Friday, February 1, 2013
White Whiskey Climbing the Ranks:
Just another example of white whiskey climbing the ranks as a viable product: Chuck Cowdery made a small post about the the delay of Beam's Jacob's Ghost which I believe highlights an interesting trend. Since micro-distilling has jumped on the scene, most have not known what to make of many of these young and unaged spirits flooding (or more of a trickle) into the market. Is it a viable product, even within a niche market? Will it only be something bartenders latch onto? Or is it something that will disappear once many of the current craft distillers release extensively aged products? I think Jacob's Ghost is a possible clue into the turning market. Tuthilltown, as one of the first major players in the craft distilling industry, has been putting out partially aged products for some time now. And without getting into the small barrel debate, we see there is more of an appeal for products that are partially aged, to take some of the green-ness out. Jacob's ghost is doing something on a large scale and it appears they are putting a bit more thought into it than Jack Daniels with the release of their unaged white whiskey. Aged in barrels for one year, the products, though "still raw, [is] much milder than the white dog, with significant amounts of corn body and barrel sweetness." This is a product almost entirely produced for the bartender and at $22.00 per bottle, compared with Jack Daniels ridiculously high price tag, this is nothing to dismiss. Something we have rarely seen and something which might be a turning point in understanding the place of young whiskey.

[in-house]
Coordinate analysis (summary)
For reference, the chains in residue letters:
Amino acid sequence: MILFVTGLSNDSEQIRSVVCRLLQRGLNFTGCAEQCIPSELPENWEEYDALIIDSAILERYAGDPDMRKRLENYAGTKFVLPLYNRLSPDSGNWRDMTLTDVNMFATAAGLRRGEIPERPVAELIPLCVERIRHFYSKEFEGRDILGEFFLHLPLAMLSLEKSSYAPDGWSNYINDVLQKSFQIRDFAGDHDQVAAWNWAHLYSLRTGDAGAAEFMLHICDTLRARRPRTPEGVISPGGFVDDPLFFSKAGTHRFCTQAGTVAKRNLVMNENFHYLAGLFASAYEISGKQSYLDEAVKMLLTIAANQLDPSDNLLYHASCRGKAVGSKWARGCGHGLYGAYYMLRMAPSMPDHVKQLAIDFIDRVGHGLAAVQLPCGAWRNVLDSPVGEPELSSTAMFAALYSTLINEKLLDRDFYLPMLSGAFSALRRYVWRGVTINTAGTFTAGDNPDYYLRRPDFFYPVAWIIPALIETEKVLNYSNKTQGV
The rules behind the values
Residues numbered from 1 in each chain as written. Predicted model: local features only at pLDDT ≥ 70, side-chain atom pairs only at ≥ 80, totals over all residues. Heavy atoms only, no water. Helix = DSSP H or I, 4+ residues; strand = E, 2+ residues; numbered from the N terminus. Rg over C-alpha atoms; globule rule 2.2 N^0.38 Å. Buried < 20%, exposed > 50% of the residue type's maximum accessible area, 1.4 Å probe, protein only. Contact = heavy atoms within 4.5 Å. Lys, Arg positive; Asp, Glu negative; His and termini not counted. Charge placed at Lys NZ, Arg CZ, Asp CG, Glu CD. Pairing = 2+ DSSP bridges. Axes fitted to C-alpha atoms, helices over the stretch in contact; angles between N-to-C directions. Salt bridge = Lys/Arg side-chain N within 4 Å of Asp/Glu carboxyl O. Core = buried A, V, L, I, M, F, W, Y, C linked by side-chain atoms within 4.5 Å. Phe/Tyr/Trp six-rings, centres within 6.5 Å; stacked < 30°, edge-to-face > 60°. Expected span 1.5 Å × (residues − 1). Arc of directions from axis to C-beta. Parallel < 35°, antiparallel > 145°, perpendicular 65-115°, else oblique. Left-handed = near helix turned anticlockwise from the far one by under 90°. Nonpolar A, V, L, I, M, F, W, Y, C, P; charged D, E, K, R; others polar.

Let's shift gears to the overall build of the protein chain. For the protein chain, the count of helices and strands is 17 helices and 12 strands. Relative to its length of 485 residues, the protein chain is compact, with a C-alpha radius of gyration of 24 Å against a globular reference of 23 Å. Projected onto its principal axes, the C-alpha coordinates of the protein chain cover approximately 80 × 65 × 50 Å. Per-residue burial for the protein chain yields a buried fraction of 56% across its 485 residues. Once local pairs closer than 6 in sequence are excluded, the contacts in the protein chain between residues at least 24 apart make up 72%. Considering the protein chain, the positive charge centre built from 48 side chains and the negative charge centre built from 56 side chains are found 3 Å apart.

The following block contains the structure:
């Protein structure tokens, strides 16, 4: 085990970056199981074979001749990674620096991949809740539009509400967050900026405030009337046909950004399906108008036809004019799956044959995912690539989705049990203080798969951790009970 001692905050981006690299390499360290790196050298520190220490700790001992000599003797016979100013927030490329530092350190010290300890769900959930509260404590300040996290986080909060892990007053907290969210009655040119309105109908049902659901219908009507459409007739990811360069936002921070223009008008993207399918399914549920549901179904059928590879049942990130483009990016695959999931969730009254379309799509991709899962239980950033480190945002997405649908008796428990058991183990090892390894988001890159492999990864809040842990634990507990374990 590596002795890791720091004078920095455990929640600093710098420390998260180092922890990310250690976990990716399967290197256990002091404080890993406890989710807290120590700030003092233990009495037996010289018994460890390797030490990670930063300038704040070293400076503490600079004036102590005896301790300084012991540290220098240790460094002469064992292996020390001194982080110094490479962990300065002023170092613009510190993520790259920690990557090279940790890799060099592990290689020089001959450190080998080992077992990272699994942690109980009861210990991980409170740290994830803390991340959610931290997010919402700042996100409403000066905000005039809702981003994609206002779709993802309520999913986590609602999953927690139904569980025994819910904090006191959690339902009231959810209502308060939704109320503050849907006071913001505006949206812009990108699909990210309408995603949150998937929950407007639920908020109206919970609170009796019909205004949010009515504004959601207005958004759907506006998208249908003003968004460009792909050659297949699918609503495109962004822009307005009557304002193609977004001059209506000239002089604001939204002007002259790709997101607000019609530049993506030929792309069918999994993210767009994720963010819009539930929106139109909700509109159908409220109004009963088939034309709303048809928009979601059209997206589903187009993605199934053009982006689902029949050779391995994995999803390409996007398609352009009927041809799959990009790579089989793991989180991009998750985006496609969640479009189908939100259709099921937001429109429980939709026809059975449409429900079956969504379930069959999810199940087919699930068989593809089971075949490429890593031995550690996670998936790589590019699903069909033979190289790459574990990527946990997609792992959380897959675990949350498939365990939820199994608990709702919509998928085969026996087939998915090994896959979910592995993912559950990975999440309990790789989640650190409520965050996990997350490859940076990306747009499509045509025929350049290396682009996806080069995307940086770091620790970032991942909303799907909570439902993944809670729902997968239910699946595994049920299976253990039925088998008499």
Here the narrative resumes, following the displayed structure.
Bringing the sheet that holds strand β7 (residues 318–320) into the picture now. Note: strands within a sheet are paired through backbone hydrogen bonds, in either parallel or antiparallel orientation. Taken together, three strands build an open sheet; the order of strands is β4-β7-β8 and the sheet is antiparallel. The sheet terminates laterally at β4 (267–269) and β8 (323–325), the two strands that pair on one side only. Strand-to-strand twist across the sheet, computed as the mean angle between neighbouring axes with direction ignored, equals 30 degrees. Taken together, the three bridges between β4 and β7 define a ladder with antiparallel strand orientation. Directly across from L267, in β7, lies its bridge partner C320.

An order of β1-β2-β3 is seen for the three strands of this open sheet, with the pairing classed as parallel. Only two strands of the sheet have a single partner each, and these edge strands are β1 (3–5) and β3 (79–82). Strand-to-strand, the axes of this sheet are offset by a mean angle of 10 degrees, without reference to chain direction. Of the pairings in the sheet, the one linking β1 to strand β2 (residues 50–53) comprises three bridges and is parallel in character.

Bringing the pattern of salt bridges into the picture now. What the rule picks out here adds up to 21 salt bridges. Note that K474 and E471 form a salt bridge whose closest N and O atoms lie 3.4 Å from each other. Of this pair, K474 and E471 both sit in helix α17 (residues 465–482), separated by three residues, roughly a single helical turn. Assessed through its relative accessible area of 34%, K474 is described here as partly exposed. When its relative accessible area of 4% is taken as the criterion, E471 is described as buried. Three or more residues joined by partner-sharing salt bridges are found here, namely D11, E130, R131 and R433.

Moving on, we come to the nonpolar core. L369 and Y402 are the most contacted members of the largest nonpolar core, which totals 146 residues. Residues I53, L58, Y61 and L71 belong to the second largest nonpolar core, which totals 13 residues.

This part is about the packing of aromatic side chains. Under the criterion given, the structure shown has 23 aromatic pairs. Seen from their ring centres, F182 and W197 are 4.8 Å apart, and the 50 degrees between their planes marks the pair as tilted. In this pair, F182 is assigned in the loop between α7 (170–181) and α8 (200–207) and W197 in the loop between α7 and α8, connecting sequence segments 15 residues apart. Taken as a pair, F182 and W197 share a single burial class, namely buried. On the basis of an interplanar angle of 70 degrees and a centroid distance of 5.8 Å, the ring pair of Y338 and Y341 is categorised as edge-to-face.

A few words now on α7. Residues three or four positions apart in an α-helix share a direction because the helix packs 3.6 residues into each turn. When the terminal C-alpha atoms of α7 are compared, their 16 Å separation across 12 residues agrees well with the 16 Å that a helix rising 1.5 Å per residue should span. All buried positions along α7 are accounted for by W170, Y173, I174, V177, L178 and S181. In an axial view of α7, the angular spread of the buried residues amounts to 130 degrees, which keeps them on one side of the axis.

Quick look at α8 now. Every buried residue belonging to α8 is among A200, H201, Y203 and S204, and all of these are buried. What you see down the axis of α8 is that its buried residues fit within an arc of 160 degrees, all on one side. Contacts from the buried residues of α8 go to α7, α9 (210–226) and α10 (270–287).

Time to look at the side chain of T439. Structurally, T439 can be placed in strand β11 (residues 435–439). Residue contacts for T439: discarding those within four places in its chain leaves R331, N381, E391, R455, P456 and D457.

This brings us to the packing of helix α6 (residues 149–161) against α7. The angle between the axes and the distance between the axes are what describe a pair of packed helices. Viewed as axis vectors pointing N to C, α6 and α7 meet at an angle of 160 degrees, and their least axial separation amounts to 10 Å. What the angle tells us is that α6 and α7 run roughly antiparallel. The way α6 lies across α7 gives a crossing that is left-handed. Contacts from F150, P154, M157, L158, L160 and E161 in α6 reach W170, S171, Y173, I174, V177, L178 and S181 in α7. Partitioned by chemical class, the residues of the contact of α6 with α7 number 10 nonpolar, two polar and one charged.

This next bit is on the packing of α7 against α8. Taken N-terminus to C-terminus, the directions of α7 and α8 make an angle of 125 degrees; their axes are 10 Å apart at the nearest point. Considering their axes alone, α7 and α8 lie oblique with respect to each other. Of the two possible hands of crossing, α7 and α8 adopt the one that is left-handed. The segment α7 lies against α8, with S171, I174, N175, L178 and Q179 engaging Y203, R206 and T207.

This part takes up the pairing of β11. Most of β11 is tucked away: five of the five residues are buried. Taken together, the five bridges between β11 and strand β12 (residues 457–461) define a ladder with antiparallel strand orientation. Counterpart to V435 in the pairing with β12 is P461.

Photo from guyism.com.